We followed the most radical voices in the party and the movement, and they led us to abject and irreversible defeat.
In his political analysis he gets much right, but he misses one of the elephants (hehe) in the room - the Rovian political construct of destruction. Yes, they aped some of loon right talking points in ideology; but Cantor made it clear that this was about political destruction - health care was to be Obama's Waterloo. This was to smash him and ruin his political future.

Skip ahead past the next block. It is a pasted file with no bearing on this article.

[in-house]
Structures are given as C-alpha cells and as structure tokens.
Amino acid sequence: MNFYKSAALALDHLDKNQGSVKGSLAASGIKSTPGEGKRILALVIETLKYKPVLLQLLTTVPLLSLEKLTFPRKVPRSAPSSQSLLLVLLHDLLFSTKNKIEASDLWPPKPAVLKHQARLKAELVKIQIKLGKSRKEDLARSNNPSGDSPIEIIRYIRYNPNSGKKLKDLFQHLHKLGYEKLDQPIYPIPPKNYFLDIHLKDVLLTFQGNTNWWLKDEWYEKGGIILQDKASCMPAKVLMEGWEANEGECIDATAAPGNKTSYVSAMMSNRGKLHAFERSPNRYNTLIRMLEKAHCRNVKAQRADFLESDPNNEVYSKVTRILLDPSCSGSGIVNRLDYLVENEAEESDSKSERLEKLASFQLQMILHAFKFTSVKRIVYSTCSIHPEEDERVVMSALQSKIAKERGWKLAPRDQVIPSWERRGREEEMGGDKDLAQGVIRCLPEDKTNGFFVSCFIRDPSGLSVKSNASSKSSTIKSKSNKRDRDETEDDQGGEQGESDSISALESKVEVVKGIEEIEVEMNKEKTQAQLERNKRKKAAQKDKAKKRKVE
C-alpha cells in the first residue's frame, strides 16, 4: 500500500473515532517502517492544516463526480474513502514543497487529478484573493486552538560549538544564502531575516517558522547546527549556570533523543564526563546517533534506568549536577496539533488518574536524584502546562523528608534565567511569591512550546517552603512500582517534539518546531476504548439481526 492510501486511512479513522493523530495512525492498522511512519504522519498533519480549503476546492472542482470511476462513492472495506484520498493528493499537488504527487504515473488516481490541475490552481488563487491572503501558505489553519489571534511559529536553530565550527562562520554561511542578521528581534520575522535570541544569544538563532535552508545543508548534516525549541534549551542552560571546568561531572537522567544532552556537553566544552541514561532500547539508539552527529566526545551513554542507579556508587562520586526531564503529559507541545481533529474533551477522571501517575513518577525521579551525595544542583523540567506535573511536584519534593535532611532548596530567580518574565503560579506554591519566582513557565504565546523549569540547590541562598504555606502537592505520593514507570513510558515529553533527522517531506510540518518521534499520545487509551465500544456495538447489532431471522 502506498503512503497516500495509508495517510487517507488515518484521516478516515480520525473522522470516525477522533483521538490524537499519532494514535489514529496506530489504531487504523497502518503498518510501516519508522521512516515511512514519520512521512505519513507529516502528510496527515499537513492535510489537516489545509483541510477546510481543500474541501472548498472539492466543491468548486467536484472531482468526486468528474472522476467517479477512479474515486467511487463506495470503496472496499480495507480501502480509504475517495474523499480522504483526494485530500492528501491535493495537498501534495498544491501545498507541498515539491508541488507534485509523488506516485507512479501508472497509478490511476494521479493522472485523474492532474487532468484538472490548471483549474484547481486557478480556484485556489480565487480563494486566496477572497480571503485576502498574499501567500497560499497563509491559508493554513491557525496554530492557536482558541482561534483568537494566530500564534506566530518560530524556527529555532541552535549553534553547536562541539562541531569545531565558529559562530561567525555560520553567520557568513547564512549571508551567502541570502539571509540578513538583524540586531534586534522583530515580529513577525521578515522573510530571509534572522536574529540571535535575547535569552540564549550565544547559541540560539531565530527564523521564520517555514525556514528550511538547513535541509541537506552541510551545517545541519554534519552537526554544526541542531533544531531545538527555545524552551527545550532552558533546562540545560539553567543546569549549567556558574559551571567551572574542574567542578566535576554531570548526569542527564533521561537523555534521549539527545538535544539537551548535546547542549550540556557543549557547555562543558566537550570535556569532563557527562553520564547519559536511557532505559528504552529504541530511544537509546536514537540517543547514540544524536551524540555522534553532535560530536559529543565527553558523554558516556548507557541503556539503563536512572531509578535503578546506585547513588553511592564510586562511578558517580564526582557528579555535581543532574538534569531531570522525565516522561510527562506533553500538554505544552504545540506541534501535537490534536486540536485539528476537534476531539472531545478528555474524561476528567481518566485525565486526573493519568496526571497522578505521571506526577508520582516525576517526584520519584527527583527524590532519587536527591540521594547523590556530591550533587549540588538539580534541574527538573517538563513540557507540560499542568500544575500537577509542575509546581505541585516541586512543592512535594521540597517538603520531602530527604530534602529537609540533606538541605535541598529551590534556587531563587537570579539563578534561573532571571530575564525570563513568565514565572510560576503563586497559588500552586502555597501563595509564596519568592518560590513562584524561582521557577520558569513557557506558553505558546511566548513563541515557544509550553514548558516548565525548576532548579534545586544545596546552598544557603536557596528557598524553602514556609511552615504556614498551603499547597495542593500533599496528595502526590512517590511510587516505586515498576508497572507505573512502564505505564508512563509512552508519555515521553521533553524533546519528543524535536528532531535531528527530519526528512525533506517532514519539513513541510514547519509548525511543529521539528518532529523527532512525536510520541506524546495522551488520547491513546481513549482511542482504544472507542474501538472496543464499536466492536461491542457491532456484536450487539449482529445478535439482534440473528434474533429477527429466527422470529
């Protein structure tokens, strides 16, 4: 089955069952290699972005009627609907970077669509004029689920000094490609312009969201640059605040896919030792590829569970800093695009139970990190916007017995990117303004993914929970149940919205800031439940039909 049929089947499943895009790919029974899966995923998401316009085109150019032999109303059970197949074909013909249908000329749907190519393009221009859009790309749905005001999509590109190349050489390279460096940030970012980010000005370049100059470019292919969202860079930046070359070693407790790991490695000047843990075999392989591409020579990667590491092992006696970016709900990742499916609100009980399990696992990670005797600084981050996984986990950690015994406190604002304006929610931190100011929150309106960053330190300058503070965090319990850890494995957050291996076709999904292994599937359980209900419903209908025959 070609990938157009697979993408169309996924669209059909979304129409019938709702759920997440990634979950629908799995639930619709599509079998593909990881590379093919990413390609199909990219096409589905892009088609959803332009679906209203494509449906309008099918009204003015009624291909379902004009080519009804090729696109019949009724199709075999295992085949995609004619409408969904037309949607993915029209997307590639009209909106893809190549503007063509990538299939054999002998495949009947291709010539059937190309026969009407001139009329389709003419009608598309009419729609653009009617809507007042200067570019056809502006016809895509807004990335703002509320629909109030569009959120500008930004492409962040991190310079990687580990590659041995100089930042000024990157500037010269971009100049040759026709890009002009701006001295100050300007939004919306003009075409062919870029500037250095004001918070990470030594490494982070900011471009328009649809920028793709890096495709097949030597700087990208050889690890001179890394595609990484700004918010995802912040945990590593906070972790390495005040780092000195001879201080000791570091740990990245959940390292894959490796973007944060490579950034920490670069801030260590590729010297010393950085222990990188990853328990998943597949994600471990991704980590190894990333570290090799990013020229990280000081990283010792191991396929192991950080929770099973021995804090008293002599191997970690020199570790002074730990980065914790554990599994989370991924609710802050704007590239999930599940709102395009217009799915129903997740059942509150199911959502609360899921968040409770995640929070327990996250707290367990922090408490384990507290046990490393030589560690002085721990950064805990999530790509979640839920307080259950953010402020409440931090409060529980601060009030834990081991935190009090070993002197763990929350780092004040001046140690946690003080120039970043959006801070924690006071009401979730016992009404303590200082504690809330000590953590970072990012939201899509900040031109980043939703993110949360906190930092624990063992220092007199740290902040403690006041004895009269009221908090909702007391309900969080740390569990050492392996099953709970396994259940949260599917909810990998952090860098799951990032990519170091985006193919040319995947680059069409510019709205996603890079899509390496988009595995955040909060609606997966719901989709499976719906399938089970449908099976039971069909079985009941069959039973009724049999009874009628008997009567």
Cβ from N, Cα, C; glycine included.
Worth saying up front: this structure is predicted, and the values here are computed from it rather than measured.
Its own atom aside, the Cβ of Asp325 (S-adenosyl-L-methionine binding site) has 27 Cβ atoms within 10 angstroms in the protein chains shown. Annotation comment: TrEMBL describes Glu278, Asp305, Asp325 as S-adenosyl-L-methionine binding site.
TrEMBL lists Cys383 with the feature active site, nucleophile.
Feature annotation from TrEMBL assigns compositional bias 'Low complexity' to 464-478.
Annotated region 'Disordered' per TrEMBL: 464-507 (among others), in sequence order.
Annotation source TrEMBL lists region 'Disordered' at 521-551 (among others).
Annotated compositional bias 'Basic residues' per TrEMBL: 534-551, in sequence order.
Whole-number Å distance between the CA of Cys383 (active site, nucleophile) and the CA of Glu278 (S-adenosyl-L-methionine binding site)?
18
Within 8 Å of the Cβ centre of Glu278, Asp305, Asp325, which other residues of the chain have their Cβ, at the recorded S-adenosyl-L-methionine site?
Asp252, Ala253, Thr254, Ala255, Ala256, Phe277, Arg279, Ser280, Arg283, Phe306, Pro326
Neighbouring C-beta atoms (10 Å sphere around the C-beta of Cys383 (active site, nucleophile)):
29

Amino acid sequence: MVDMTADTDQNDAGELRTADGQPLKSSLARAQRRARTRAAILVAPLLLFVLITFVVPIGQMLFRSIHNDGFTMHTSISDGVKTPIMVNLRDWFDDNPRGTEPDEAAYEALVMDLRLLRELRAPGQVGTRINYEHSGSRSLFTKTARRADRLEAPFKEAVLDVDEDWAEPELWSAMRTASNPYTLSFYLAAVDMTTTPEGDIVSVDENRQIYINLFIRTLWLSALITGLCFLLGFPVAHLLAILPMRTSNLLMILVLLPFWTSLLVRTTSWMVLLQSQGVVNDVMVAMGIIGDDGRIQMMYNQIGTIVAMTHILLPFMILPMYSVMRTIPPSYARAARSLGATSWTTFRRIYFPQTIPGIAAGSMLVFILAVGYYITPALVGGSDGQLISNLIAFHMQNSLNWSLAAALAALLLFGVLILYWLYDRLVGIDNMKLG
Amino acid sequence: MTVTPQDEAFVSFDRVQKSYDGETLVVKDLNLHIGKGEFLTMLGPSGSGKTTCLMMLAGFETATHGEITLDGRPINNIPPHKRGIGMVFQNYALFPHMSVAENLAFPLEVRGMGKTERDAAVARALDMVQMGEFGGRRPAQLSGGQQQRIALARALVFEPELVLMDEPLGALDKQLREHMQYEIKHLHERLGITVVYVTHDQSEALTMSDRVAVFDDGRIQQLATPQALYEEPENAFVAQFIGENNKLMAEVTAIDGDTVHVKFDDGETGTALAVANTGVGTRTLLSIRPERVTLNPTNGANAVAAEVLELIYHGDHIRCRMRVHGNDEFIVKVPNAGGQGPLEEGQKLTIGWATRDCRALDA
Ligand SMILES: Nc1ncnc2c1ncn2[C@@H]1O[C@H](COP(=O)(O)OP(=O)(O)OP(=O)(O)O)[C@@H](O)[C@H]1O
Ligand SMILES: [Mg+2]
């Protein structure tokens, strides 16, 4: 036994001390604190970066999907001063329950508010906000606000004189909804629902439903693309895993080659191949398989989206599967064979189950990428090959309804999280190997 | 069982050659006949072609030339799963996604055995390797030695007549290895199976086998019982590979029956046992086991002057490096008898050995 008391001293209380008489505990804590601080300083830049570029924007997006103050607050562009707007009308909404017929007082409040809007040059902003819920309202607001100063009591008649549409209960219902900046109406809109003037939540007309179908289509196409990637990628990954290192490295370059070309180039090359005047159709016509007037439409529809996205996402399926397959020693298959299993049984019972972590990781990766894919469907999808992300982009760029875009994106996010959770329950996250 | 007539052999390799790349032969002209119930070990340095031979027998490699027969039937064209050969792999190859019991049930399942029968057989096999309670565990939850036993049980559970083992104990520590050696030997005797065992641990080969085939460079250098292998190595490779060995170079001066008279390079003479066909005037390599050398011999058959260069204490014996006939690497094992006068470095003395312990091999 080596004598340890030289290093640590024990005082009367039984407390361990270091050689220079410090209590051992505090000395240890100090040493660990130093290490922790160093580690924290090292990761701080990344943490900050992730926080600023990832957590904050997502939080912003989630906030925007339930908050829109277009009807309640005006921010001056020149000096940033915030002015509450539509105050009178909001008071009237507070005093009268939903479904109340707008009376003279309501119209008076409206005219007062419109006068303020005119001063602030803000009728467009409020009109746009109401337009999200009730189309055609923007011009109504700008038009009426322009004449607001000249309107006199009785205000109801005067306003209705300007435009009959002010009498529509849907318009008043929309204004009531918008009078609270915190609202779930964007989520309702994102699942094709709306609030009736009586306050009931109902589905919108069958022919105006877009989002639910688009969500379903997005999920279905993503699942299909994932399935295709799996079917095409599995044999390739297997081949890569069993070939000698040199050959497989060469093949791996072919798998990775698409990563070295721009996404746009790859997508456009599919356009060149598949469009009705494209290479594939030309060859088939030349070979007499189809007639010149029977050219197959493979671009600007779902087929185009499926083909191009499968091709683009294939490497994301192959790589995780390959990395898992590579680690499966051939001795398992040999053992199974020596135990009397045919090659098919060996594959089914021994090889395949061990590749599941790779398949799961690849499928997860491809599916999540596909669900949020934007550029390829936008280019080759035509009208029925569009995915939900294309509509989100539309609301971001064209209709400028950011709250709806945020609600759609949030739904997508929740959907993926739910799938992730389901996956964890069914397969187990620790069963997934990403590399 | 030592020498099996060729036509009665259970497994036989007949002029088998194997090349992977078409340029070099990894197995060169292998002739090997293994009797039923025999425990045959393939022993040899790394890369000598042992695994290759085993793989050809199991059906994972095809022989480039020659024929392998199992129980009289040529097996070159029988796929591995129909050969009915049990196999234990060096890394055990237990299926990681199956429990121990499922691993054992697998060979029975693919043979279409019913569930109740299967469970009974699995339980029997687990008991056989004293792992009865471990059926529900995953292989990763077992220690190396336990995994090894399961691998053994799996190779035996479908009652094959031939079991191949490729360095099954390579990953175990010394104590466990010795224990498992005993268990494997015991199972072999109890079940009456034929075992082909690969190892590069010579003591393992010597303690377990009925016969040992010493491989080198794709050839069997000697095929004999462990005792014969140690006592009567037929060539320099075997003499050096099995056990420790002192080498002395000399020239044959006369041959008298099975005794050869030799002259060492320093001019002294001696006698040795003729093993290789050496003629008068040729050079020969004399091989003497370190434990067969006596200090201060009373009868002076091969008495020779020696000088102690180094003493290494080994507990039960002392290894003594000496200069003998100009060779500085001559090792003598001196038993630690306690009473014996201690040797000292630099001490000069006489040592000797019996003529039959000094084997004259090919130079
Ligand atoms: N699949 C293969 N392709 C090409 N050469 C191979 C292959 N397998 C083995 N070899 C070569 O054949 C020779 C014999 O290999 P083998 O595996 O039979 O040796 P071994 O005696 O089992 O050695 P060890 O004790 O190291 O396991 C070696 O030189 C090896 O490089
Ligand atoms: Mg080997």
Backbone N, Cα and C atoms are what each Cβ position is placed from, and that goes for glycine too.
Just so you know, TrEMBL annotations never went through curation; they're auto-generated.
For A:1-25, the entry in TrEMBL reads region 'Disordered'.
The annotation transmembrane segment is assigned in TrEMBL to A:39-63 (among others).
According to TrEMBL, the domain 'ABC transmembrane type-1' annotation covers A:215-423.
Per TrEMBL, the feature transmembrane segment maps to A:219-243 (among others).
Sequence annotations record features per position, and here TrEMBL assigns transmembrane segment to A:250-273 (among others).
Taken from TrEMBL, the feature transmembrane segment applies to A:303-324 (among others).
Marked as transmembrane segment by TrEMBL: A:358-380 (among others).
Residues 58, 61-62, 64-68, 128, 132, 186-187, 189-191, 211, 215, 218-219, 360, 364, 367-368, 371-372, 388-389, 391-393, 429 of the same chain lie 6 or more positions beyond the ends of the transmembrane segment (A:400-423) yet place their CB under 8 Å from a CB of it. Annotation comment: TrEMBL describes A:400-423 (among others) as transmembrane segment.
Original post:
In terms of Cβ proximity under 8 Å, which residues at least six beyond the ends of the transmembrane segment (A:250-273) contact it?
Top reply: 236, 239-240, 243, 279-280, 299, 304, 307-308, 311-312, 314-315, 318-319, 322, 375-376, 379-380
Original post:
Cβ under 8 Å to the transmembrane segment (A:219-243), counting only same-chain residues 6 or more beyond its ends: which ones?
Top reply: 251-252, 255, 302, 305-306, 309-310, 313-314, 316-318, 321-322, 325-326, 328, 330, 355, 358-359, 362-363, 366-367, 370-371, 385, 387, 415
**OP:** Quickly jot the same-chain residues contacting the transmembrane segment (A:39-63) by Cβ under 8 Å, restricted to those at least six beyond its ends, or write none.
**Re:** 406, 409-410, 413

Well, not so much luck there - I guess. I don't want to prognosticate how this will play out in the mid-term elections because I do think it could go either way. What did happen, as Frum notes, is that their influence was less than it might have been. Since I think the thing is too far right I wouldn't be pleased by that result.
I'm pretty pleased to watch the Republicans destruct with their reliance on right wing talkers... As for the tone of the rhetoric; the more the GOP demonstrates exactly who and what they are the better the chances are that ordinary Americans will recoil - resulting in either GOP re-alignment or immateriality.